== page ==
Using Cannabis prior to driving increases the risk of being involved in a motor vehicle accident.
In the report The Health Effects of Cannabis and Cannabinoids: The Current State of Evidence and Recommendations for Research, an expert ad-hoc committee of the National Academies of Sciences, Engineering, and Medicine presents nearly 100 conclusions related to the health effects of cannabis and cannabinoid use and makes recommendations for an agenda to help expand and improve cannabis research efforts and better inform future public health decisions.
Its findings regarding Cannabis use and driving are found in the Chapter Highlights section. This is a significant finding particularly if employees in your workforce are driving motor vehicles. Employers should not be wary of testing for marijuana if employees are driving vehicles on the road, operating equipment, or in a safety sensitive position.
If an employer is in a state where marijuana is available as a medical substance or on a recreational basis, there is no need to accept individuals currently under the influence of the drug. We have stated before that just because alcohol is legal doesn’t mean you have to accept an employee under the influence of alcohol working on the job. Dittos for marijuana.
Testing employees for being under the influence of drugs, including marijuana, is just as important as testing them for alcohol.
Our previous blog post listed the following major considerations:
· Perform a thorough job analysis that includes the purpose or reason the job exists, where the job will be, skills and knowledge need to complete the tasks.
· Have a clear job description that can be presented to the applicant and can provide the basis for employee performance reviews. Make sure you comply with applicable federal and state laws.
· Have a very clear understanding of each state’s particular laws regarding the use of drugs, particularly marijuana.
· Given that marijuana may be legal in a state to treat diseases and illnesses, an employer may be required to engage in communication with the employee about the illness so as to comply with the Americans with Disabilities Act.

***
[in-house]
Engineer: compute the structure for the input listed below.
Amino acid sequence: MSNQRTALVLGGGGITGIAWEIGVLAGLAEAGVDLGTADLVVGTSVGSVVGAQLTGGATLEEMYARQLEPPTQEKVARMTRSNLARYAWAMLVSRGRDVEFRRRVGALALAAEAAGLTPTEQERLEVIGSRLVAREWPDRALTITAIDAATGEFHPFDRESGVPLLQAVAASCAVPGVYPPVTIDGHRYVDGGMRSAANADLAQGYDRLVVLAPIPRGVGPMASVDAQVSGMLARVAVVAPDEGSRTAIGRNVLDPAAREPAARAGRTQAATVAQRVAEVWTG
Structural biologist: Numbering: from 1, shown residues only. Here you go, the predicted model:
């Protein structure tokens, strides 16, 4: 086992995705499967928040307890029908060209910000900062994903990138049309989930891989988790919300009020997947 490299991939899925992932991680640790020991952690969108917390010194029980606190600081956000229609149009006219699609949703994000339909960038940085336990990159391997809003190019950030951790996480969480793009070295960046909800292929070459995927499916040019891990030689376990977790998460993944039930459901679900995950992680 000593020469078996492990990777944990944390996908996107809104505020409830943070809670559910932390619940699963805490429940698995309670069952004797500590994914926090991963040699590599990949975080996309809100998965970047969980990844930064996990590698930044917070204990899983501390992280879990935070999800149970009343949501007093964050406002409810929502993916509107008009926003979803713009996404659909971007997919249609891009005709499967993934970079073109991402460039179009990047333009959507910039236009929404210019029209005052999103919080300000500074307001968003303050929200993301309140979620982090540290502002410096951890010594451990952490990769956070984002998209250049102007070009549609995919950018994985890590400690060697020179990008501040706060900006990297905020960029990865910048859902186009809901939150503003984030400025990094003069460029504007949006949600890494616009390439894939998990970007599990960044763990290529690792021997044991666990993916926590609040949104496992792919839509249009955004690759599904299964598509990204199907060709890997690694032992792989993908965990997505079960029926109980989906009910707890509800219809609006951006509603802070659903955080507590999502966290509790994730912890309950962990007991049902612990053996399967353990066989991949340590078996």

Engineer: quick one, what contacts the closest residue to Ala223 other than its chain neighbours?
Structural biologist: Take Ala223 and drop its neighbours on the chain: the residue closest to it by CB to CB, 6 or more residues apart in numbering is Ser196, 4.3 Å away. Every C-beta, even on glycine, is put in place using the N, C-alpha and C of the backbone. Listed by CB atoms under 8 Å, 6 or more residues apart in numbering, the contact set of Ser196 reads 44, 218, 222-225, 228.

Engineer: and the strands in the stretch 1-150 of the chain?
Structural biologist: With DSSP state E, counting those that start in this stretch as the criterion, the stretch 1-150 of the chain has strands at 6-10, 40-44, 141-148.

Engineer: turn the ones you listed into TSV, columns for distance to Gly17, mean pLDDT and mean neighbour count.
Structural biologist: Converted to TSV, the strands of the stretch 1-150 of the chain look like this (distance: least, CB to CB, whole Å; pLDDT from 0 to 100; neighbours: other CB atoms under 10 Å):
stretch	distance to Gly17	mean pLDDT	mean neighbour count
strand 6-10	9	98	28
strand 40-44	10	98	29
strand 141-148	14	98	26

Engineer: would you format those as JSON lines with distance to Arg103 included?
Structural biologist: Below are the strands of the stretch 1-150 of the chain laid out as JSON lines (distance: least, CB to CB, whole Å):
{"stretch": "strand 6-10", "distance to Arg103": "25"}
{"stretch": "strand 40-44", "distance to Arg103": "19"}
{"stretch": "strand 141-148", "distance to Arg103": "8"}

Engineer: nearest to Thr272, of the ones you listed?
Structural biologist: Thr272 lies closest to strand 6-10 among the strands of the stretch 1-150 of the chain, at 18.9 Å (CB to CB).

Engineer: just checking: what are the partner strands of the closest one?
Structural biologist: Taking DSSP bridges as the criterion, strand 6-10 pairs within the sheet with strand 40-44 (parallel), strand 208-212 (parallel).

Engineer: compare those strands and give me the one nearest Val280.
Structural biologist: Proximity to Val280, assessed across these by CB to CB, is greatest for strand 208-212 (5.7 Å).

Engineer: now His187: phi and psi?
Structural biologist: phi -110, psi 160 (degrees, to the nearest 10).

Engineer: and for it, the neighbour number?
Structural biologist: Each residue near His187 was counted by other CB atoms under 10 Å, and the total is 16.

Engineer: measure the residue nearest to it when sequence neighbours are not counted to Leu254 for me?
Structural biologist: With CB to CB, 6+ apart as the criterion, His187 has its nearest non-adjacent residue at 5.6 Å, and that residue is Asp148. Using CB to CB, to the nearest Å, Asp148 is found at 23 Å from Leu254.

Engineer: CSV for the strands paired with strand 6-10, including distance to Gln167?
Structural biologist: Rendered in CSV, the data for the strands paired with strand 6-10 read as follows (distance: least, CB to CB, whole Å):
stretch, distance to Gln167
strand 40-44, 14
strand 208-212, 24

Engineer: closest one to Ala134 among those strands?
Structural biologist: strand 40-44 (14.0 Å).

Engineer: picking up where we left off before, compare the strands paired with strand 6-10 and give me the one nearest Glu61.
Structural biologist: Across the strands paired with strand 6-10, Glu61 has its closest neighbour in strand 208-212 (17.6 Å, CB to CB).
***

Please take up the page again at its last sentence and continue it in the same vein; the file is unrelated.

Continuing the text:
· Conduct random drug and alcohol testing on employees in applicable job positions.
· In states where medical marijuana is allowed for diseases and illnesses, employers need to treat knowledge of an employee being required to use marijuana as though they qualify under the Americans with Disabilities Act. Can reasonable accommodations be made?
If you need help completing these tasks write us an email, firstname.lastname@example.org, place HR360 in the subject line and we will be glad to provide an annual subscription to HR360 service.
The key step is to perform a thorough job analysis and have a clear job description. The job description should make it clear that operating in that job without being under the influence of any substance is one of the essential functions of the job.
If employers operate in states where marijuana, that doesn’t mean that there is a carte blanche acceptance of an employee under the influence of marijuana. We have written that an employer need not tolerate an employee under the influence of alcohol. Why should operating under the influence of a drug be different, even if it is marijuana? This job description becomes particularly important where employees are in safety sensitive operating machinery or vehicles that can injure or kill.
Other findings in the report are:
· In states where cannabis use is legal, there is increased risk of unintentional cannabis overdose injuries among children.
· There is modest evidence that cannabis use is associated with one subtype of testicular cancer.
· There is minimal evidence that parental cannabis use during pregnancy is associated with greater cancer risk in offspring.
· Cannabis use is likely to increase the risk for developing substance dependence (other than cannabis use disorder).
· Heavy cannabis users are more likely to report thoughts of suicide than non-users.
· Regular cannabis use is likely to increase the risk for developing social anxiety disorder.